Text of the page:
A life changing Book – Factfulness by Hans Rosling

The headline of any article is the most important part of any content which is being published today. Why ? Because most of us don’t even care to read through the article.

On June 4, the satirical news site the Science Post published a block of “lorem ipsum” text under a frightening headline: “Study: 70% of Facebook users only read the headline of science stories before commenting.”

Nearly 46,000 people shared the post

Perhaps it is too much content and too less time which inhibits people from clicking through. Or is it the need of being recognized as as person with a POV on social media, with instant gratification? Maybe a deadly concoction of all of the above with a generous pinch of cognitive bias which has always clouded human judgement. A bias which is being made stronger by the day with customized content we keep getting on our gadgets. How do we have an objective view of the world when we are only fed with content which only leans the way we do?

No wonder there has been so much concern about “fake news” as none of us wants to or in some cases can go deep into the facts to corroborate what is being said out there. If the headline sounds ok we tend to press the share button. And some new age digital content is making full use of this tendency. In this backdrop reading this book called Factfulness by late Hans Rosling was like a breath of fresh air. It establishes the fact that majority of the so called educated people carry so many myths, with a series of facts, on some key issues which the world faces today. In this book he has proven, repeatedly, that a set of chimpanzees are likely to do better then best of the intellectual human minds in surveys pertaining to key matters. Such is the biased or uninformed view we are carrying collectively.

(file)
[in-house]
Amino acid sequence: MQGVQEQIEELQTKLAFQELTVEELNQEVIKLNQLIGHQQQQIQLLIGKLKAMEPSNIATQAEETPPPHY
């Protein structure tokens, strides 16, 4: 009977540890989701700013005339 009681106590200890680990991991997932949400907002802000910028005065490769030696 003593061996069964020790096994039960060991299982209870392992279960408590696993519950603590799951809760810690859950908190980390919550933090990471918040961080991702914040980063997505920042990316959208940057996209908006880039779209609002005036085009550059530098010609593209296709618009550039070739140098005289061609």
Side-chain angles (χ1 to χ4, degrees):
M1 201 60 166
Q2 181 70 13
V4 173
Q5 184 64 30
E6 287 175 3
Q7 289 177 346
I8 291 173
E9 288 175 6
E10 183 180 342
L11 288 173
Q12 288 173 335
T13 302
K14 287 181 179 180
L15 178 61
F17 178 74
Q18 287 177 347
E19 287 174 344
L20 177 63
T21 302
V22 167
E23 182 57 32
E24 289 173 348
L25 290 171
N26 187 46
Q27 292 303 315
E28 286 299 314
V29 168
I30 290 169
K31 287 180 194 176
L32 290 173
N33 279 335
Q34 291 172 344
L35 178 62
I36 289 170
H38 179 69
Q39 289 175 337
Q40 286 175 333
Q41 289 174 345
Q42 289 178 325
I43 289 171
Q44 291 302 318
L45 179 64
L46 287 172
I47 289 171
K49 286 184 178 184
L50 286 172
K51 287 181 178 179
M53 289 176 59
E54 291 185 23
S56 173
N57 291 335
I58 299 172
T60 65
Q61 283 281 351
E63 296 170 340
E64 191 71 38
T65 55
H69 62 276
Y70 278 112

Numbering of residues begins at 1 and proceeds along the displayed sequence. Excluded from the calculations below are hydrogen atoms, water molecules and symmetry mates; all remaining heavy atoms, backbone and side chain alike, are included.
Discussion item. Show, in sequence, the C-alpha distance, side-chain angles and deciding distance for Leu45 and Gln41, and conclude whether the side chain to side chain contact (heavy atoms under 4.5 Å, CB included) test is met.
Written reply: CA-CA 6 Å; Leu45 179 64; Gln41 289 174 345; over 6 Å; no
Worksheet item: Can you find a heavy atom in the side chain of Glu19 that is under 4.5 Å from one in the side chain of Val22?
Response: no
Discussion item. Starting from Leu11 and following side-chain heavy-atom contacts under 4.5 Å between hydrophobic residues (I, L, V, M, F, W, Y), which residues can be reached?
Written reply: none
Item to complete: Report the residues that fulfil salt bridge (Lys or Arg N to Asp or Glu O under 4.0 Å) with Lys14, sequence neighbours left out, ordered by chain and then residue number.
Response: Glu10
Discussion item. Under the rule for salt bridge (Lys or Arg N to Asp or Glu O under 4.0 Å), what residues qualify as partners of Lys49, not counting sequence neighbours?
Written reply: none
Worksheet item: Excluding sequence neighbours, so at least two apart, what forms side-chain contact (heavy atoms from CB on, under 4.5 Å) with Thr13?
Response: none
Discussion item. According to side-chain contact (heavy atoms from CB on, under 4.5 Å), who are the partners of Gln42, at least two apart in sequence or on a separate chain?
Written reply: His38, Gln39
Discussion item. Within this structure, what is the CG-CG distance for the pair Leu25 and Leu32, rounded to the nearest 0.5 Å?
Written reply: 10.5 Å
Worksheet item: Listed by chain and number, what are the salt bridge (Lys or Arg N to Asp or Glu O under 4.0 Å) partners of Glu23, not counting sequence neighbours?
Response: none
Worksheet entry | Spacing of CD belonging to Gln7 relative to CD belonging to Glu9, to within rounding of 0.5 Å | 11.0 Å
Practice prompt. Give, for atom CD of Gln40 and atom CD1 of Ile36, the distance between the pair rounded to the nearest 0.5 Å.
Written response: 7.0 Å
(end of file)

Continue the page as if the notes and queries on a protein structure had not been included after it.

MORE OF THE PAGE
So what does the book say? It says that we must look at the data before me make up our mind on any matter. We must alter our mindsets nurtured by years of sensational story telling by our popular media. It says that it is not all doom and gloom, as some might suggest, because there has been significant progress in important social parameters like poverty, education, medicine etc. Hans Rosling says that progress and positivity is evolutionary. The pace is mostly slow and developments gradual, not dramatic enough, not a big bang which can be showcased with a lot of drama. That is where data comes in and if seen over a time span of a few decades the patterns become visible. He also embellishes the book with anecdotes from his own life and makes the book a very worthy narrative.

It tells us to identify our own urge to associate with the dramatic worldview and encourages everyone to go beyond the façade with an arsenal of data-points which project the real truth. The book highlights certain inherent instincts we all have which lead to these dramatically exaggerated views leaving everyone exasperated.

So do give this one a try. It will compel you to not jump at conclusions and look for the non -glamourous facts which contradict all the drama and sensation.

“You should not expect the media to provide you with a fact-based worldview any more than you would think it reasonable to use a set of holiday snaps of Berlin as your GPS system to help you navigate around the city.”

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